Russia Sanctions: Can the World Cope Without its Oil and Gas?

Russia Sanctions: Can the World Cope Without its Oil and Gas?by Jake Horton & Daniele Palumbo

Ukraine says Russia is waging a "gas war" against Europe, by once again reducing supplies into Germany. Since the invasion of Ukraine, Western countries have sanctioned Russian oil and gas, prompting warnings of retaliation from Moscow

How much Russian gas does Europe use?

Russia supplied the EU with 40% of its natural gas last year.

Germany, Europe's largest economy, was the largest importer in 2020, followed by Italy.

The UK imported just 4% of its needs from Russia and the US doesn't import any gas from Russia.

However, they are also affected when Russia restricts supplies to mainland Europe, as this causes global gas prices to rise. Gas prices have almost doubled in the UK over the last year.

Russia gas exports

What sanctions are in place on Russian gas?

The EU says it will cut gas imports from Russia by two-thirds within a year, but has stopped short of a total ban.

To help reach its goal, member states have agreed to cut gas usage by 15% over the next seven months.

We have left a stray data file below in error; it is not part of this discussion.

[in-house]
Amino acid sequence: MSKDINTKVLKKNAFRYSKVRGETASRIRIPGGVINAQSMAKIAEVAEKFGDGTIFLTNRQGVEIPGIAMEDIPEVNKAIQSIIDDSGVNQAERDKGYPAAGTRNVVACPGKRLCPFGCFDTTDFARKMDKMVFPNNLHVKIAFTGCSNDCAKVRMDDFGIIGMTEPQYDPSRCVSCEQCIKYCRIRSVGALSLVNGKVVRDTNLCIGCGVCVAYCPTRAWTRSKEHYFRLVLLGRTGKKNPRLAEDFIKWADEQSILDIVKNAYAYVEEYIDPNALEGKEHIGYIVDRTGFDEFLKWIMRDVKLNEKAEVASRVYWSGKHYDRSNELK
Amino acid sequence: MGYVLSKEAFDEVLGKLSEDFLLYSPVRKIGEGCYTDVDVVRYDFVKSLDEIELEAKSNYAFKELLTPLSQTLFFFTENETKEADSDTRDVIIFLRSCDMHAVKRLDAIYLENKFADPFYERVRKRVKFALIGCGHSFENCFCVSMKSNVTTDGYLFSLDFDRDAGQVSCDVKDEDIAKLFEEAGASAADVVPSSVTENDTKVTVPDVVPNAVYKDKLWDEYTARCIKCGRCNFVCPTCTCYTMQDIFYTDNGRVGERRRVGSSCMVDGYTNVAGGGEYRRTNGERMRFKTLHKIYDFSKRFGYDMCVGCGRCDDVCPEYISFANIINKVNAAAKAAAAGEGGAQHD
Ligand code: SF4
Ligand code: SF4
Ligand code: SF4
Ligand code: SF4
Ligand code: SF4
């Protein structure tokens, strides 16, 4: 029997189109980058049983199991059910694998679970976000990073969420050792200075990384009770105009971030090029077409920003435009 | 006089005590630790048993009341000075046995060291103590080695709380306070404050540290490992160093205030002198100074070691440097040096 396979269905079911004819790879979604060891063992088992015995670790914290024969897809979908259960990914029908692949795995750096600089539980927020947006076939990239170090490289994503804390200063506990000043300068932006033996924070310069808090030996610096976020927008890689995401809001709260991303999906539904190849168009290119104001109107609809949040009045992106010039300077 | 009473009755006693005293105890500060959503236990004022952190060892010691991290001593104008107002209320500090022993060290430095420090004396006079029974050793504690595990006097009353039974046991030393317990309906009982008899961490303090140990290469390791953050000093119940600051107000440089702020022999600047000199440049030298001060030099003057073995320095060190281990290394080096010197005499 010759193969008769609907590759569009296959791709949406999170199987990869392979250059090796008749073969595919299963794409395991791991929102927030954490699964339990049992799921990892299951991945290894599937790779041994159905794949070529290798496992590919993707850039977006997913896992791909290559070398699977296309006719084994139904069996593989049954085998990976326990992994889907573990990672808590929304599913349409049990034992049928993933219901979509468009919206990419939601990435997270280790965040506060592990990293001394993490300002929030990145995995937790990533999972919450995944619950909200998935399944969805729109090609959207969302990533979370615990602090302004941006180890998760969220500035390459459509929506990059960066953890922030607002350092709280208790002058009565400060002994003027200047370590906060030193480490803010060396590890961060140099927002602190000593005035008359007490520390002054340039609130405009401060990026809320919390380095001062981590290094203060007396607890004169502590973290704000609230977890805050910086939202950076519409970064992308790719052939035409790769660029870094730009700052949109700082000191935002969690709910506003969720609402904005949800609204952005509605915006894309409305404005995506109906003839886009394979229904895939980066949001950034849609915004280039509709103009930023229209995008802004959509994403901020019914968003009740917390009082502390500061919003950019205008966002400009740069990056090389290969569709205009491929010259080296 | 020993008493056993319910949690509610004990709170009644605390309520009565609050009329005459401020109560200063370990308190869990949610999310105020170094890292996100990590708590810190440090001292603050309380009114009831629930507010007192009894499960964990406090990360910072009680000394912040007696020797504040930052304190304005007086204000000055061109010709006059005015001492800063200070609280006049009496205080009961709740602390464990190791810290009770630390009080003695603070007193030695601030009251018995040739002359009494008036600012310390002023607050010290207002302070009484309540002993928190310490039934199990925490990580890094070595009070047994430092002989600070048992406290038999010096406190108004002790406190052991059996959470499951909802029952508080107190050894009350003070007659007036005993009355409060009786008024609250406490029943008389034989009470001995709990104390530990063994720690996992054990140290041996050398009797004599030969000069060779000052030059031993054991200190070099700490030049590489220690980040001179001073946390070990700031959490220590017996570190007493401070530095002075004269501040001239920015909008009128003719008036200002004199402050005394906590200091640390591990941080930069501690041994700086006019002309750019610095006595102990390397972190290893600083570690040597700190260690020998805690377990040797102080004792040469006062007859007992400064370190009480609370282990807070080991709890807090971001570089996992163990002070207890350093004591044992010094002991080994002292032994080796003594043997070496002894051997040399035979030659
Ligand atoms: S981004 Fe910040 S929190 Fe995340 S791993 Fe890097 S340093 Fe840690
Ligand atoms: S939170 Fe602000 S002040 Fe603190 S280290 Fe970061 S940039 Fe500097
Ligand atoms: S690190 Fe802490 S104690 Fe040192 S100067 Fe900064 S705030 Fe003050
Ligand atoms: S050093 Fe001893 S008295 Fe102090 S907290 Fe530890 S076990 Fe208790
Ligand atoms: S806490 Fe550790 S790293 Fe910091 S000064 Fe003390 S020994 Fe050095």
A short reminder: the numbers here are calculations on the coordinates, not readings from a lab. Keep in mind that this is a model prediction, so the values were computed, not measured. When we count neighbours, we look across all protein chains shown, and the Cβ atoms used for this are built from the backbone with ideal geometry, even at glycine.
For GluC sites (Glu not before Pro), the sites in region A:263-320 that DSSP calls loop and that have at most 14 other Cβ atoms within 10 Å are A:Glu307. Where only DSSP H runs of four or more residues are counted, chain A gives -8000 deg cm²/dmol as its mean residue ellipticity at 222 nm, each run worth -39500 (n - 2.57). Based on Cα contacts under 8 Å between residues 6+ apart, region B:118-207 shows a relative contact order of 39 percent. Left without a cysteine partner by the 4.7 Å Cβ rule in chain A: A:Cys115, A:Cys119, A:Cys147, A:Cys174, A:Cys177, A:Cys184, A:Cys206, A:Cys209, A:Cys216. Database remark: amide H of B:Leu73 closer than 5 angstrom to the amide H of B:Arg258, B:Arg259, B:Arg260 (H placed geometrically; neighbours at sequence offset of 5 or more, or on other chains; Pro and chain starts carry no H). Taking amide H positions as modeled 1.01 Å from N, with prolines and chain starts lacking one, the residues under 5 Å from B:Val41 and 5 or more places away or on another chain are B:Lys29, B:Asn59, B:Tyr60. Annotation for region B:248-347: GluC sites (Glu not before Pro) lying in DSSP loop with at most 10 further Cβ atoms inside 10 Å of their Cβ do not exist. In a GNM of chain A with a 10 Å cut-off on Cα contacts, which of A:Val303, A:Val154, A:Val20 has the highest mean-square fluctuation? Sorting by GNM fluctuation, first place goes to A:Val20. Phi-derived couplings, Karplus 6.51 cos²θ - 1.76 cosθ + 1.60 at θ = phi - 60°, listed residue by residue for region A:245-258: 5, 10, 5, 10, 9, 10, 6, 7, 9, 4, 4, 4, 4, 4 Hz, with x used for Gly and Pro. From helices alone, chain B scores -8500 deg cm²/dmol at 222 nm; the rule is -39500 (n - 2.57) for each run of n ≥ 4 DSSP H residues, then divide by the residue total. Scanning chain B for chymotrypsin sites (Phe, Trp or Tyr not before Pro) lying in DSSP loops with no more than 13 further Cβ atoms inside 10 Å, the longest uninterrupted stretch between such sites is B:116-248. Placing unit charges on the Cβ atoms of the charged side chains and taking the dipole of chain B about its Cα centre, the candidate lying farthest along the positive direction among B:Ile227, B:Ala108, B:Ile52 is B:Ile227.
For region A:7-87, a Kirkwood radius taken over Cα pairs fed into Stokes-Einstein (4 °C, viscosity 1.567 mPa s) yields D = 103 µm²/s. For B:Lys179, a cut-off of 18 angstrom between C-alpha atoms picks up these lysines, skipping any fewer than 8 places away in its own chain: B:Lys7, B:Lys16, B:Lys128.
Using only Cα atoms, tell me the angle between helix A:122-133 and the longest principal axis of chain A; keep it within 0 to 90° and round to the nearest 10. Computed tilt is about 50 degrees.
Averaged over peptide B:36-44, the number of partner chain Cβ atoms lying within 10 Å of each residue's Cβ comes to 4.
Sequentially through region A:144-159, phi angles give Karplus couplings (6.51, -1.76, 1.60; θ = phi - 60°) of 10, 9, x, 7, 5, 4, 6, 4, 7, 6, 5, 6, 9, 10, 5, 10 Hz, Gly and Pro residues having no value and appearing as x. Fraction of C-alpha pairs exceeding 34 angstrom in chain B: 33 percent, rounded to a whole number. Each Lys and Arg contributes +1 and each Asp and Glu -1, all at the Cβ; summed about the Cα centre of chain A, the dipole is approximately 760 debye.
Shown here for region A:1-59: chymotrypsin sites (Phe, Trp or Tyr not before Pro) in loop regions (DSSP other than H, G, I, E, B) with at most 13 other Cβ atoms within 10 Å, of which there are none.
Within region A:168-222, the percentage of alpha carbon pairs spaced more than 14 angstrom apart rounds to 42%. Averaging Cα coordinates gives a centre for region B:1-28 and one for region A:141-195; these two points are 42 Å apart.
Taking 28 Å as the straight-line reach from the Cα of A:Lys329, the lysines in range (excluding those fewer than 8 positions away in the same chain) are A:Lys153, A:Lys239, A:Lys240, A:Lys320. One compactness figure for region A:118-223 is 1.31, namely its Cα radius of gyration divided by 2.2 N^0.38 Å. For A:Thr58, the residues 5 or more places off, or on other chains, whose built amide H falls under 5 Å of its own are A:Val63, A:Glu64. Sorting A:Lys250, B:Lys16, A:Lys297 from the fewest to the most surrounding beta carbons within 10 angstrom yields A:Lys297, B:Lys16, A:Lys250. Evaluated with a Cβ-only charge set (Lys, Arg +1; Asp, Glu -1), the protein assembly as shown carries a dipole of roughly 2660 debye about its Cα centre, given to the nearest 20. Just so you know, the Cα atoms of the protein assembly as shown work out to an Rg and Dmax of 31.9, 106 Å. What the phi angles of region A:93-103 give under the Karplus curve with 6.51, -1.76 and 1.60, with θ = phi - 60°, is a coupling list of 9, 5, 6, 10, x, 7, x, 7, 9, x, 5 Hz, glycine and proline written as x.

However, there's doubt over where the EU will find alternativesupplies.

"It would have to turn to producers such as the US and Qatar, which would ship liquefied natural gas (LNG) in tankers," says energy advisor Kate Dourian.

"But there aren't enough LNG terminals in Europe. This will be a problem for Germany, particularly."

How has Russia responded?

President Vladimir Putin has demanded that "unfriendly" nations in Europe pay for gas in Russian roubles. This helps support the value of Russia's currency.


Poland, Bulgaria and Finland refused to do so and Russia cut off their supplies.

Several European energy companies are paying for gas via Russian bank accounts, which convert euros into roubles. They insist those payments are in line with sanctions.

Gas pipelines map

Will Europe run short of oil?

It will allow oil to continue to be imported by pipeline. EU leaders say this is a "temporary measure" because countries like Hungary and Slovakia depend on it.

The US has declared a complete ban on Russian oil imports. The UK is to phase out Russian oil imports by the end of the year.

Many European nations could have their oil supplies squeezed by the ban.

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